India has been constitutionally provided an opportunity to create a critical mass of women in politics, who are expected to produce far reaching implications in the fabric of rural areas—exercising their power to bring gender justice in their constituency.
Elected women representatives (EWRs) are triply burdened with low levels of education, lack of professional experience and low income. In addition, there is limited training, lack of female role models and mentors, and violence against women (G Palanithurai et. al, 2009, ‘Networking of elected women representatives at grassroots’, Concept). The study of the 2006 Bihar panchayat elections, undertaken by the international development organisation The Hunger Project, clearly showed the prevalence of gender based violence in the State. A case in point is Ponnikailasam, the former President of the Anaikuppam Panchayat and former president of Panchayat Leader’s Federation in Tamil Nadu, who cites instances where women felt intimidated during gram sabha meetings alongside men—the discomfort evident. Moreover, domination of party politics and interference of male family members are common in local body institutions. Minnalkodi from Adhanur Panchayat reported that the men in her family take decisions and impose them on her; she in unable to find the courage to change the situation. Things take an ugly turn in certain instances, an example being Menaka, President of Oorapakkam Panchayat, and Leelavathy, Ward Councilor, Madurai Corporation who were killed by people opposed to their work on water related issues.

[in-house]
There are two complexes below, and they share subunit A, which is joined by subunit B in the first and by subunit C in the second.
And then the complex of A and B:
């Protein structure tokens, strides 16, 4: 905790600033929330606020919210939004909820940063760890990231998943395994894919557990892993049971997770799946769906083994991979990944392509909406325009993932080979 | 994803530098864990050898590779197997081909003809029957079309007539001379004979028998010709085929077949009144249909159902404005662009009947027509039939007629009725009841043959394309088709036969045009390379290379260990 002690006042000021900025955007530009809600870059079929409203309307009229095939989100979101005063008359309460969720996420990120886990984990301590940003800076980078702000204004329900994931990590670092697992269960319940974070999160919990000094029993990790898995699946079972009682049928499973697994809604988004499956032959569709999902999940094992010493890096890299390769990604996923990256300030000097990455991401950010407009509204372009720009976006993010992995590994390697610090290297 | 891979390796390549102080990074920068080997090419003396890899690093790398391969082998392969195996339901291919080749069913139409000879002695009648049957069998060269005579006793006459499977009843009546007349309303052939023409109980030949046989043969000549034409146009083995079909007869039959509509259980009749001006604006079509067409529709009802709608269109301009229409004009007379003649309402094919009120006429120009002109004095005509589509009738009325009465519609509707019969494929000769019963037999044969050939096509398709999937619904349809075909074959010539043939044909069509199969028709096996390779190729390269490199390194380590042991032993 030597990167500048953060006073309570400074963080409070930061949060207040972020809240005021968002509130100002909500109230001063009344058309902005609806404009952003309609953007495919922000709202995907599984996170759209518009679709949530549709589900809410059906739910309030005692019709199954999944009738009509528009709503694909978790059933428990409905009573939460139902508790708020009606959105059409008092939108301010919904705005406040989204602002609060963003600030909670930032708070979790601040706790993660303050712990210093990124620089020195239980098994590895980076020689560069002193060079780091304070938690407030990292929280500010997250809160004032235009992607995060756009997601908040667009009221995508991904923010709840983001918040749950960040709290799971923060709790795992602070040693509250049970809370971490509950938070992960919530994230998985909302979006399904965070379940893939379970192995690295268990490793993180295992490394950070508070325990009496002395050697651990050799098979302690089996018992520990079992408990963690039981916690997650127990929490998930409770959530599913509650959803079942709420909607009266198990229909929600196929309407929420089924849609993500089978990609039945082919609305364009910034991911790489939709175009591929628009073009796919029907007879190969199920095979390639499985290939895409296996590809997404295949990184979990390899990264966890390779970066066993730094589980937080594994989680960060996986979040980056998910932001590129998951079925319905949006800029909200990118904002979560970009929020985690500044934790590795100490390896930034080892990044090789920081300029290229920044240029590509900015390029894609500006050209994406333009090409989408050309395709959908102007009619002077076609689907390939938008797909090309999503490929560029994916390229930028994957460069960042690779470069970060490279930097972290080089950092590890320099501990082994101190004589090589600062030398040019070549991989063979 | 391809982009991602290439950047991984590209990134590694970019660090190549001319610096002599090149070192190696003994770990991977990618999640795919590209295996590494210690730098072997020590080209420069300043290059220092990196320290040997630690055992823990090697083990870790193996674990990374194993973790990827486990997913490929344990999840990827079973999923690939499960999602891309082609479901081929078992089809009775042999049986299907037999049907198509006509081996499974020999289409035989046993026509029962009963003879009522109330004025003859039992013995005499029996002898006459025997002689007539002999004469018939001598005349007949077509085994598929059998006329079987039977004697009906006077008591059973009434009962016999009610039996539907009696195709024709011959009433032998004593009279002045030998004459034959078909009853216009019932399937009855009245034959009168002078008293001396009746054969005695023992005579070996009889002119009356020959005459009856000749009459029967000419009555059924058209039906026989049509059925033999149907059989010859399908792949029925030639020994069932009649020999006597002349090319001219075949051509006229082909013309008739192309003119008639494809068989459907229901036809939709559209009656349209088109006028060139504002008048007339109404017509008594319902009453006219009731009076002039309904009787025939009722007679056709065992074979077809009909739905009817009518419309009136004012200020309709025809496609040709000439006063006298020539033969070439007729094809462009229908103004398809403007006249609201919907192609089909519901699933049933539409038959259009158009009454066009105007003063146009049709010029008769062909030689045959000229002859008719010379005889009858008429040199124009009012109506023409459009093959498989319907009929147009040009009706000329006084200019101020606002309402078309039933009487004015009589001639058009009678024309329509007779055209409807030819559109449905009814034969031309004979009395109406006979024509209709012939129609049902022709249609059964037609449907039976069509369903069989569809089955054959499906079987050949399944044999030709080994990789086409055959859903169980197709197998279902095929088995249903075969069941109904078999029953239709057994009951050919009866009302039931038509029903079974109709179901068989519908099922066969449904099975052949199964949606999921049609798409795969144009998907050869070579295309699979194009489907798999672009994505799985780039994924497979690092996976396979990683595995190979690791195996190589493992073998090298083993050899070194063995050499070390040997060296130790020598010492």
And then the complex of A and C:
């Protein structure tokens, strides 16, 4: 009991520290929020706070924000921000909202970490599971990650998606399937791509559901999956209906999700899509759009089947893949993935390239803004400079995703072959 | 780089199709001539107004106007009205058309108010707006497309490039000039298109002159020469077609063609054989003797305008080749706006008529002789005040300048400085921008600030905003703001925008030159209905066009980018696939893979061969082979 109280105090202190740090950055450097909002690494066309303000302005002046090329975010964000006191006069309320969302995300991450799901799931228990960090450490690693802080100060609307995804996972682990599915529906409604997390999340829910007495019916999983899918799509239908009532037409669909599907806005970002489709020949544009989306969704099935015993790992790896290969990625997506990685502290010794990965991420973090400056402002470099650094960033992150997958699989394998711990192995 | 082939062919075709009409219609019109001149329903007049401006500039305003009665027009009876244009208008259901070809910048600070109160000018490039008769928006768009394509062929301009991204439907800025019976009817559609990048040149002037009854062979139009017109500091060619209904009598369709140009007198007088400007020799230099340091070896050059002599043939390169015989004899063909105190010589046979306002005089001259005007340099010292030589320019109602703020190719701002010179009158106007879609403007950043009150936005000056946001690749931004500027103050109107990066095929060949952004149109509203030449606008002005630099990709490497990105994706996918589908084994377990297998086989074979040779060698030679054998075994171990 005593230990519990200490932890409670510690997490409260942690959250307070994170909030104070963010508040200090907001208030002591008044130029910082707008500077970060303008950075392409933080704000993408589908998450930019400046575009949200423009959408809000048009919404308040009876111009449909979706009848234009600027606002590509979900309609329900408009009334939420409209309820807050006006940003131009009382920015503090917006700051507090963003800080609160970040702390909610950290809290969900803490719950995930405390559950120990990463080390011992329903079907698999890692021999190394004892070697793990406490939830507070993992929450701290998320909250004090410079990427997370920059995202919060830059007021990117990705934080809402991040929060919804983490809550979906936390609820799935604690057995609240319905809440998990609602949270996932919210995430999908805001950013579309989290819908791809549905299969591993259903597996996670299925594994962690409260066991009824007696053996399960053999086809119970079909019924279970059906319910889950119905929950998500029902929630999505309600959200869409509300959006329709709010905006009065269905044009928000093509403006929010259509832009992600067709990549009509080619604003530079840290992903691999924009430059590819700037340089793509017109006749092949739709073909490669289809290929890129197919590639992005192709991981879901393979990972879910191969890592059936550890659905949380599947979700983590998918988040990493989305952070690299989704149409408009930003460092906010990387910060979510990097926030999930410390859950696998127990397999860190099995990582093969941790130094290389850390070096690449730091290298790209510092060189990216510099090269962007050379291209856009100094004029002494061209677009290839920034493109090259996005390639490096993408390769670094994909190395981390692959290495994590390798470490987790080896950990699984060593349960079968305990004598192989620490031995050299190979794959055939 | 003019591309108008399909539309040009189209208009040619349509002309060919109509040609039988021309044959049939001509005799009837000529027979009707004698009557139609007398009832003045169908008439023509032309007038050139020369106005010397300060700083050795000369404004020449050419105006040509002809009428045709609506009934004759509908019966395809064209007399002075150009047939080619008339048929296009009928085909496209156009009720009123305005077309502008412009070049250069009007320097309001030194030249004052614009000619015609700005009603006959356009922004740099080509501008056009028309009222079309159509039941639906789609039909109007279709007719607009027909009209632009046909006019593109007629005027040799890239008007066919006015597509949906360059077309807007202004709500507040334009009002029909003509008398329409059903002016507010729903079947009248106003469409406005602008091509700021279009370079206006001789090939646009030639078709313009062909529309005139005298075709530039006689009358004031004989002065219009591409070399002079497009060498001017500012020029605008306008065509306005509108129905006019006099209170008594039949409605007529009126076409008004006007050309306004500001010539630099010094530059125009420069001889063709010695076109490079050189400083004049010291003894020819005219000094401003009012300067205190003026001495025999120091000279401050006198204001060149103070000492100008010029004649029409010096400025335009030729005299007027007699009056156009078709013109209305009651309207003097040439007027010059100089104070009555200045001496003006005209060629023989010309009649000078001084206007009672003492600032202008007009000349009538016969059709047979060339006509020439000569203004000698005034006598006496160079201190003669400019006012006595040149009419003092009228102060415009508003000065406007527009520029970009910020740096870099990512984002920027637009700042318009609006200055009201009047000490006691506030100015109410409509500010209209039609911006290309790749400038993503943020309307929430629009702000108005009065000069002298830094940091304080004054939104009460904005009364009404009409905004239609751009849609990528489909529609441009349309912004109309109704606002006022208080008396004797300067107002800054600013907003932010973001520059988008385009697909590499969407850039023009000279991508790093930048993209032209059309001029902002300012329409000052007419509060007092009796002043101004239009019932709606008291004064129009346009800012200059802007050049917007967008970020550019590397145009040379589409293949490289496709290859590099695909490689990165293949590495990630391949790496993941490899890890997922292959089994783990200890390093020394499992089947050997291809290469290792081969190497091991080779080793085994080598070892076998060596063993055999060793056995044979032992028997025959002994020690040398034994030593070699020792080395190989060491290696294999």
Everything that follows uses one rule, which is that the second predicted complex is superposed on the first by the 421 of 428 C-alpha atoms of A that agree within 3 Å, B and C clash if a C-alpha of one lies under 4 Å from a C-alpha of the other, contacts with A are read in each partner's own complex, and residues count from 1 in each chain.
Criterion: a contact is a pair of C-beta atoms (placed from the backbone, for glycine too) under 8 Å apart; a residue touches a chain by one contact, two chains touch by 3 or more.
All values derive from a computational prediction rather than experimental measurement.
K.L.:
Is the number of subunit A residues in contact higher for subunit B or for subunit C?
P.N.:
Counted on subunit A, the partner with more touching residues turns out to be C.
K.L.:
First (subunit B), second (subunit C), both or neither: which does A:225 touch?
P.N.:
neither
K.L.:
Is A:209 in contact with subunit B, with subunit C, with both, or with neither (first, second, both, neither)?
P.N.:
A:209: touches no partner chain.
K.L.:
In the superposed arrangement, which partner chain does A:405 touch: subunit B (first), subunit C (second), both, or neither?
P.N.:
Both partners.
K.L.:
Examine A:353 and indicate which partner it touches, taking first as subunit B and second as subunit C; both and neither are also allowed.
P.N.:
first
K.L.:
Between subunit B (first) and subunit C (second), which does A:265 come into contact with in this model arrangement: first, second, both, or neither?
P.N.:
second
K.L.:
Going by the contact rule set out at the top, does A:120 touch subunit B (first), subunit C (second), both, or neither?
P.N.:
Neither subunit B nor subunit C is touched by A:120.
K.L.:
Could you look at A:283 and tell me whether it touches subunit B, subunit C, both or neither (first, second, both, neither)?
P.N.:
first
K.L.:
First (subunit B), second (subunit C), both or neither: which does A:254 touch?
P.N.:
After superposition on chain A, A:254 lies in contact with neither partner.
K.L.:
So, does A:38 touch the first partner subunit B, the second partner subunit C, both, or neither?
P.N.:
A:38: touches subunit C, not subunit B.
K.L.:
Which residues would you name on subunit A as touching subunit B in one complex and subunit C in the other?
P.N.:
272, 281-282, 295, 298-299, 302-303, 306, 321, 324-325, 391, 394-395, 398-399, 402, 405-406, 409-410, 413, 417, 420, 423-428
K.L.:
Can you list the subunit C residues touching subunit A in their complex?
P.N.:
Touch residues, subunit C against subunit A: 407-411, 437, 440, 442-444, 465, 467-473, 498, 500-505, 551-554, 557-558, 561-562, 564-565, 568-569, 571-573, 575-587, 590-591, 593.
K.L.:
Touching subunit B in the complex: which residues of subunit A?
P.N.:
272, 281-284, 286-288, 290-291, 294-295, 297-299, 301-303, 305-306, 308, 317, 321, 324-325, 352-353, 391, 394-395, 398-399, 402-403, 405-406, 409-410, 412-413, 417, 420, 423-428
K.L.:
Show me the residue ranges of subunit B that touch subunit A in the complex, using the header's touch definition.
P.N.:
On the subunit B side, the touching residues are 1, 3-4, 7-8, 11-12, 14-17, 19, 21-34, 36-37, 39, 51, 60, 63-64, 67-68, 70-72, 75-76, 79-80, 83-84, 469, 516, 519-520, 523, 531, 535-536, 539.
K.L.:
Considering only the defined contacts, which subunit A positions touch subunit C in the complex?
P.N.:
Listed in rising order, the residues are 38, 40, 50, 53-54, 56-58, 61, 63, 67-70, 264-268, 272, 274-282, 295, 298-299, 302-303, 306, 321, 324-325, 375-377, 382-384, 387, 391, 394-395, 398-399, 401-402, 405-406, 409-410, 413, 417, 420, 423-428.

Capacity building is the first step in empowering women. For instance, the Rajiv Gandhi Chair for Panchayati Raj Studies in Gandhigram Rural University (GRU) provided capacity building programmes for EWRs in local bodies between the years 1996 and 2001 and then again from 2001 to 2006 with the support of the Tamil Nadu government and The Hunger Project. It reached 1245 women presidents of the panchayat in 13 districts of the State. Professor Palanithurai, Gandhigram Rural Institute, cites in his reports that post capacity enhancement programmes, women leaders need a networked space where they can share their experiences and learn mutually. Capacity and capability, he believes, cannot be built overnight—it is a slow and continuous process that is perfected by allowing her to practice what she has learnt.
It is thus imperative to create a powerful support structure through a women leaders’ network, to build an alliance, conscientize leader groups towards women-centric issues and orient them to the methods of tackling problems.
The Tamil Nadu initiation
The elected representatives of local body leaders (men and women) of Virudhunagar District, Tamil Nadu formed an elected representative’s association immediately after the first local body elections in the year 1996 in accordance with the 73rd Amendment Act and the subsequent Tamil Nadu Panchayat Act. Soon after, in 1997, the Federation of Elected Women Representatives (FEWR) was set up with the participation of 200 panchayat women presidents in Tamil Nadu; FEWR was facilitated by GRU, Human Rights Foundation (HRF), NGOs such as EKTA, SNEHA and more. The FEWR is a part of the Association of Local Governance of India (ALGI, New Delhi); thus by default the president of FEWR becomes the state organiser of Tamil Nadu for ALGI.